Sept. 3 (Bloomberg) -- Archer Ltd., an oilfield services provider, dropped to a one-month low in Oslo on a slower-than-expected recovery in profit margins as energy producers rein in spending on exploration and development.
The stock fell as much as 6.9 percent to 4.75 kroner, the lowest intraday level since Aug. 1, and traded at 4.83 kroner at 11:03 a.m. Trading volumes already exceeded the three-month daily average.
Archer is trimming its operations after a drop in prices for land-based oil services in North America. The company last week reported second-quarter earnings that missed estimates, hurt by continued weakness in the U.S. and Brazil and the temporary shutdown of a field off Norway.
Danske Bank has cut its earnings estimates for 2013 and 2014 “based on our impression that a recovery towards normalized margins will take longer than previously expected,” the lender said yesterday. “On the lack of near-term triggers and valuation reasons we downgrade the stock to sell and reduce our 12-month target price to 4.1 kroner from 6.6 kroner.”
Archer, in which billionaire John Fredriksen’s Seadrill Ltd. owns a 39.6 percent stake, has seen its shares decline more than 50 percent during the last 12 months after breaching covenants on its credit facilities. It sold its North American rental and tubular unit for $244 million this year as it seeks to cut debt.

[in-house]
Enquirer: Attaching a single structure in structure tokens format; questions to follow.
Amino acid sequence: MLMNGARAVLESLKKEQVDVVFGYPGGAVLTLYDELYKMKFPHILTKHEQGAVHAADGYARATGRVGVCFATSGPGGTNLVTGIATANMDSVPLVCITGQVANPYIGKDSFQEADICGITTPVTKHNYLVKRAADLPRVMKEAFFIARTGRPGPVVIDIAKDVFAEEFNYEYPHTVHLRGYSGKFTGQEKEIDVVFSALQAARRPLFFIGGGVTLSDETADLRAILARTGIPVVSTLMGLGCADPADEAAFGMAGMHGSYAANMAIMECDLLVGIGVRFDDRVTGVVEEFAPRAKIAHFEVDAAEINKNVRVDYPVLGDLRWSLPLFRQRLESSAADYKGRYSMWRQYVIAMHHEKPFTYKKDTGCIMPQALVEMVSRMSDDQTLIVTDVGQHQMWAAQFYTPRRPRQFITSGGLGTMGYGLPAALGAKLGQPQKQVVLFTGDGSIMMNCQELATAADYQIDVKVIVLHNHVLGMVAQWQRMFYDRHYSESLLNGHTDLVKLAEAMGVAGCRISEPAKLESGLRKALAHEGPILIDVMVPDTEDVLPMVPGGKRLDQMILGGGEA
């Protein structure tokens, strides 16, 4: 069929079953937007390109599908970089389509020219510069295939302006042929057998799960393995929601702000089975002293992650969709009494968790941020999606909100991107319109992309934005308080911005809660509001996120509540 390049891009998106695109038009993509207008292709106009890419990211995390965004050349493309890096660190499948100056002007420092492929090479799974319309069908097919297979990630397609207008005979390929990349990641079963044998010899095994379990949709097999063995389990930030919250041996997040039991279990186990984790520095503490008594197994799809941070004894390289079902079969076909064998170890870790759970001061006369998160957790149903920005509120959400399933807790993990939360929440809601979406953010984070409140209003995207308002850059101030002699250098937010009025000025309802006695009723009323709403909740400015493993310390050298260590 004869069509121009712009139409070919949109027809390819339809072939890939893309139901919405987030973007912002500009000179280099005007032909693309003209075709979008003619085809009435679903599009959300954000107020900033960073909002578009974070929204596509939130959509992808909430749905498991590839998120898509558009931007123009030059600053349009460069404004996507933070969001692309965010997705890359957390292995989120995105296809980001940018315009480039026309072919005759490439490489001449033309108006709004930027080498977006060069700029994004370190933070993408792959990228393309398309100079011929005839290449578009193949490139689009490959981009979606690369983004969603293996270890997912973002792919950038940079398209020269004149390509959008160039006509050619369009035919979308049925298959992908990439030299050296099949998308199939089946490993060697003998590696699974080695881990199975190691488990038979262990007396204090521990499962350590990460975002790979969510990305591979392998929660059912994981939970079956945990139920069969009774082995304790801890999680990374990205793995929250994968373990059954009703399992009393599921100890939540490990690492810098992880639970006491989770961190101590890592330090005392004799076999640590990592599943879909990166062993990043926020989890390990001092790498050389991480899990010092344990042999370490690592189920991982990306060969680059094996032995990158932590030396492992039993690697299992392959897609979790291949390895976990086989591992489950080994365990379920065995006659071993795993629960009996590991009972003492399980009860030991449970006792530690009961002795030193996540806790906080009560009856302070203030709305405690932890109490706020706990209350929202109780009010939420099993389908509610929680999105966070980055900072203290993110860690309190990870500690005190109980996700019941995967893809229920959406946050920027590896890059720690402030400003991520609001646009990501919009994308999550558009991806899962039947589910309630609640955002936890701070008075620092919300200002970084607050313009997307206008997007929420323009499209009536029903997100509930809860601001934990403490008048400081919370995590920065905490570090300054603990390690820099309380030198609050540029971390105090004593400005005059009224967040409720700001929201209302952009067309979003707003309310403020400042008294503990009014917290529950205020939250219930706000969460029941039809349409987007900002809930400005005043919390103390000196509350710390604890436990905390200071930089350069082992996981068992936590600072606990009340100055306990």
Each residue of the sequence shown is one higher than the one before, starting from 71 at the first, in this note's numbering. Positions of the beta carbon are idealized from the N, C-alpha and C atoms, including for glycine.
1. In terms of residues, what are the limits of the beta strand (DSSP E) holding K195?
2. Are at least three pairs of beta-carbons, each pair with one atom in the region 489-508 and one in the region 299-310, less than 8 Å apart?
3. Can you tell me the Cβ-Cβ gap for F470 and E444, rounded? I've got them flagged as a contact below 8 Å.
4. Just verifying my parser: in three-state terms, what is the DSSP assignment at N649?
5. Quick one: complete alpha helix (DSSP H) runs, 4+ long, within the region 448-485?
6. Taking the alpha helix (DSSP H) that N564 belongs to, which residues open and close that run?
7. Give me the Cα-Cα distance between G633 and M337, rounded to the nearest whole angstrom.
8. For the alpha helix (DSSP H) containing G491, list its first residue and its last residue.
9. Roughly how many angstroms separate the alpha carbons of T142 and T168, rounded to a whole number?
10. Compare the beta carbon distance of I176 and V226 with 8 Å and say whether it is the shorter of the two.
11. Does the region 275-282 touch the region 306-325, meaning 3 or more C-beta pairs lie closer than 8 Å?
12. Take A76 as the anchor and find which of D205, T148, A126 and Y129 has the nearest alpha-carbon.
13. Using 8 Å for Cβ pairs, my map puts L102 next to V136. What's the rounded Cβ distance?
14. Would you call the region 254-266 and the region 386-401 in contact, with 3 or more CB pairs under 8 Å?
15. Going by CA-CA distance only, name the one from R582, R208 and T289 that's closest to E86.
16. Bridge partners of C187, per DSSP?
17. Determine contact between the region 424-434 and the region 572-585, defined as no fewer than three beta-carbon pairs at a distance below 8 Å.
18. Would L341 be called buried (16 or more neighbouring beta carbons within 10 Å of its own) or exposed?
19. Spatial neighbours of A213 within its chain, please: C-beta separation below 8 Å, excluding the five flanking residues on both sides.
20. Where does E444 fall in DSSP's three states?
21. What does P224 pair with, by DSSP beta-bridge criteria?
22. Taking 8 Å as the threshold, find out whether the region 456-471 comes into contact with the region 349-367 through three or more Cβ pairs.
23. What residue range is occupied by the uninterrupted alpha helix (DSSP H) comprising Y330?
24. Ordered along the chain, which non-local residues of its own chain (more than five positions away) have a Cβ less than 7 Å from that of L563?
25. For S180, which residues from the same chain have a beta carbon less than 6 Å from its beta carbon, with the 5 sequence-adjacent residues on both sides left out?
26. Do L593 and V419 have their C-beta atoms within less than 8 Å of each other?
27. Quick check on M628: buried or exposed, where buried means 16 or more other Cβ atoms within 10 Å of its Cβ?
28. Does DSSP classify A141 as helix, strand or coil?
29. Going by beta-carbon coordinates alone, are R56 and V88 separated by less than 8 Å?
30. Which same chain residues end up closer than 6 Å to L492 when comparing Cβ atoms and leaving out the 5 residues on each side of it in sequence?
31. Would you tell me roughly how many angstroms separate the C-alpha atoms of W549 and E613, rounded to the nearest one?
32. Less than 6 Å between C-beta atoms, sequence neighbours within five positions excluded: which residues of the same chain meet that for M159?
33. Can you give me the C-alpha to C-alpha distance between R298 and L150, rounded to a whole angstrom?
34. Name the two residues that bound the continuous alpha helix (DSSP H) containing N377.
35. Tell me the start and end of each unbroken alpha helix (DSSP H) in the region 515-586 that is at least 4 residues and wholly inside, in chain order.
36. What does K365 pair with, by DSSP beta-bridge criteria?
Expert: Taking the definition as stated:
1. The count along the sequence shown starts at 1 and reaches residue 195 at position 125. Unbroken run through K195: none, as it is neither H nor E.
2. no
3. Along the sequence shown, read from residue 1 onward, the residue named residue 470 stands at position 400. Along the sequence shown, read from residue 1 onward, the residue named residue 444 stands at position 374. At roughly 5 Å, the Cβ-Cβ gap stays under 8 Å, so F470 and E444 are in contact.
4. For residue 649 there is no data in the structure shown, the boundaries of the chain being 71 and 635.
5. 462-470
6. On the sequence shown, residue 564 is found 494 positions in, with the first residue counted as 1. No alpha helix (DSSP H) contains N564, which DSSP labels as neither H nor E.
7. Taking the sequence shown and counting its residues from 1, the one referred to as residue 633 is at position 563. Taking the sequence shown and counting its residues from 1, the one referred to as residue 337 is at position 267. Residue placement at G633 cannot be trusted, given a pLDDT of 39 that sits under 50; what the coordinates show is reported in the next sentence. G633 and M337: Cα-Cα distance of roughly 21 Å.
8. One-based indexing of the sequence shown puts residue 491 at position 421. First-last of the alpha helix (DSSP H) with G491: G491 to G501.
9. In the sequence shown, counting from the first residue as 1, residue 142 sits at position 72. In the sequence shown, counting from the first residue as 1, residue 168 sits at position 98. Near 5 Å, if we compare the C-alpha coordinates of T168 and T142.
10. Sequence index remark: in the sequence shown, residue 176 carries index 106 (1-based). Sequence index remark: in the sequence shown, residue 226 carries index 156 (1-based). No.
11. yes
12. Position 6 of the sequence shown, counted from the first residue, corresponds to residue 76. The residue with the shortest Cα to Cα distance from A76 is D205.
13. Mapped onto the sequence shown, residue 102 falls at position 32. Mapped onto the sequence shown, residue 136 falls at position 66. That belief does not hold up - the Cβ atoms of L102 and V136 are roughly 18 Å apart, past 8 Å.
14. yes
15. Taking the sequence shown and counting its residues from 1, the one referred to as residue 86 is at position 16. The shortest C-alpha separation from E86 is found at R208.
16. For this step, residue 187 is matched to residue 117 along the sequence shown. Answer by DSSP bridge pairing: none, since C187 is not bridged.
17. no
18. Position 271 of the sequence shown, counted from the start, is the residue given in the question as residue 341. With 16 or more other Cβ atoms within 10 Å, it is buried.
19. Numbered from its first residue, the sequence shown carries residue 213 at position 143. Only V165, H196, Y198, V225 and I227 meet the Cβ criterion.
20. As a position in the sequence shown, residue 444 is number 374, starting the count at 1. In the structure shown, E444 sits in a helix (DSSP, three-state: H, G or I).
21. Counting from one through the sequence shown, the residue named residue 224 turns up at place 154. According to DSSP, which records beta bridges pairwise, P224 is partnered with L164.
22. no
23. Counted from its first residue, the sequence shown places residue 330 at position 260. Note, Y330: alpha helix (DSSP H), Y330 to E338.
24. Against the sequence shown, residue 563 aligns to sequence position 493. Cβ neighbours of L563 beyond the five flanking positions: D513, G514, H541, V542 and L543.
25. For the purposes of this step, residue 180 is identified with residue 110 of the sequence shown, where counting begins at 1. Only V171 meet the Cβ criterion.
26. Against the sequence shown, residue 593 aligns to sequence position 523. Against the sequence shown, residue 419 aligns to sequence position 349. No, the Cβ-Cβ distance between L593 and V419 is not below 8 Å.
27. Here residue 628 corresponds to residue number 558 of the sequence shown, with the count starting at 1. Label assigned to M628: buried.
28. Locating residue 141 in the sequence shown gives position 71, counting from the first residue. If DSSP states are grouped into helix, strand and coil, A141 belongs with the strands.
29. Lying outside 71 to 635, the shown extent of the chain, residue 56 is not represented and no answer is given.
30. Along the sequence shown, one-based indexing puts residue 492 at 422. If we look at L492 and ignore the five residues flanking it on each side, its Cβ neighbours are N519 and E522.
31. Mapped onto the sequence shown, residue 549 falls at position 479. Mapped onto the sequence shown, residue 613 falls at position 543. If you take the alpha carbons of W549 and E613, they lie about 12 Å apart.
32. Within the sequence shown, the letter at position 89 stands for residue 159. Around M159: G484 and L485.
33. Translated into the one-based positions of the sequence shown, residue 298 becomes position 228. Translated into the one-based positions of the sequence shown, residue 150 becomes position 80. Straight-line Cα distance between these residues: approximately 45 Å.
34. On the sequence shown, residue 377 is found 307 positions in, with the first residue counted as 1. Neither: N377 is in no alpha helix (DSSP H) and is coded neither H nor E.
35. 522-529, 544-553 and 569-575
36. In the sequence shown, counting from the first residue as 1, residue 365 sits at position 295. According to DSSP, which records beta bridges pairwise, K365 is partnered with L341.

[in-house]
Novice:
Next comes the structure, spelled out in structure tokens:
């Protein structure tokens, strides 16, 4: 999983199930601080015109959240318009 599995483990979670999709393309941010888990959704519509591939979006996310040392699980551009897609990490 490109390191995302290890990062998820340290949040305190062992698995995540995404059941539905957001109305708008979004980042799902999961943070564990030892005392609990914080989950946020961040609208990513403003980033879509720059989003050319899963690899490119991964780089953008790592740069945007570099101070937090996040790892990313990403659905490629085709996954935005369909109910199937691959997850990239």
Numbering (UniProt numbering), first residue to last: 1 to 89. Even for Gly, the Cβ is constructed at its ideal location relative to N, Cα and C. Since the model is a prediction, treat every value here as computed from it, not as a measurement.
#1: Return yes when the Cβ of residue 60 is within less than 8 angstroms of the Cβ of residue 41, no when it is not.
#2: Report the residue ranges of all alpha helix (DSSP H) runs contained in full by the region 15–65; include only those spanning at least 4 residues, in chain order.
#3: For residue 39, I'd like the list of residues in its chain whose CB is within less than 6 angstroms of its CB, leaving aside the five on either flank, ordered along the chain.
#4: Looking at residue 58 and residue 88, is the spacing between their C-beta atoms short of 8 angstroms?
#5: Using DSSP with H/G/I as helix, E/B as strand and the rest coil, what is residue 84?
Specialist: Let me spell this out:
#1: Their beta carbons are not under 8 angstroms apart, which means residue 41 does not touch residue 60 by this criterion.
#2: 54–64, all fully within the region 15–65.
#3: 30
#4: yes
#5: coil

The company is now “comfortably in compliance with covenants,” RS Platou Markets AS analyst Turner Holm said in an e-mail today. “We expect Seadrill will provide additional guarantees or liquidity should the need arise.”
While Archer’s results are suffering from high fixed costs and low margins, the Hamilton, Bermuda-based company’s strategy of increasing the efficiency of its North American operations, upgrading its technology and investing in high-return opportunities should result in a “significant improvement” in earnings, said Holm, who has a buy rating on the stock.
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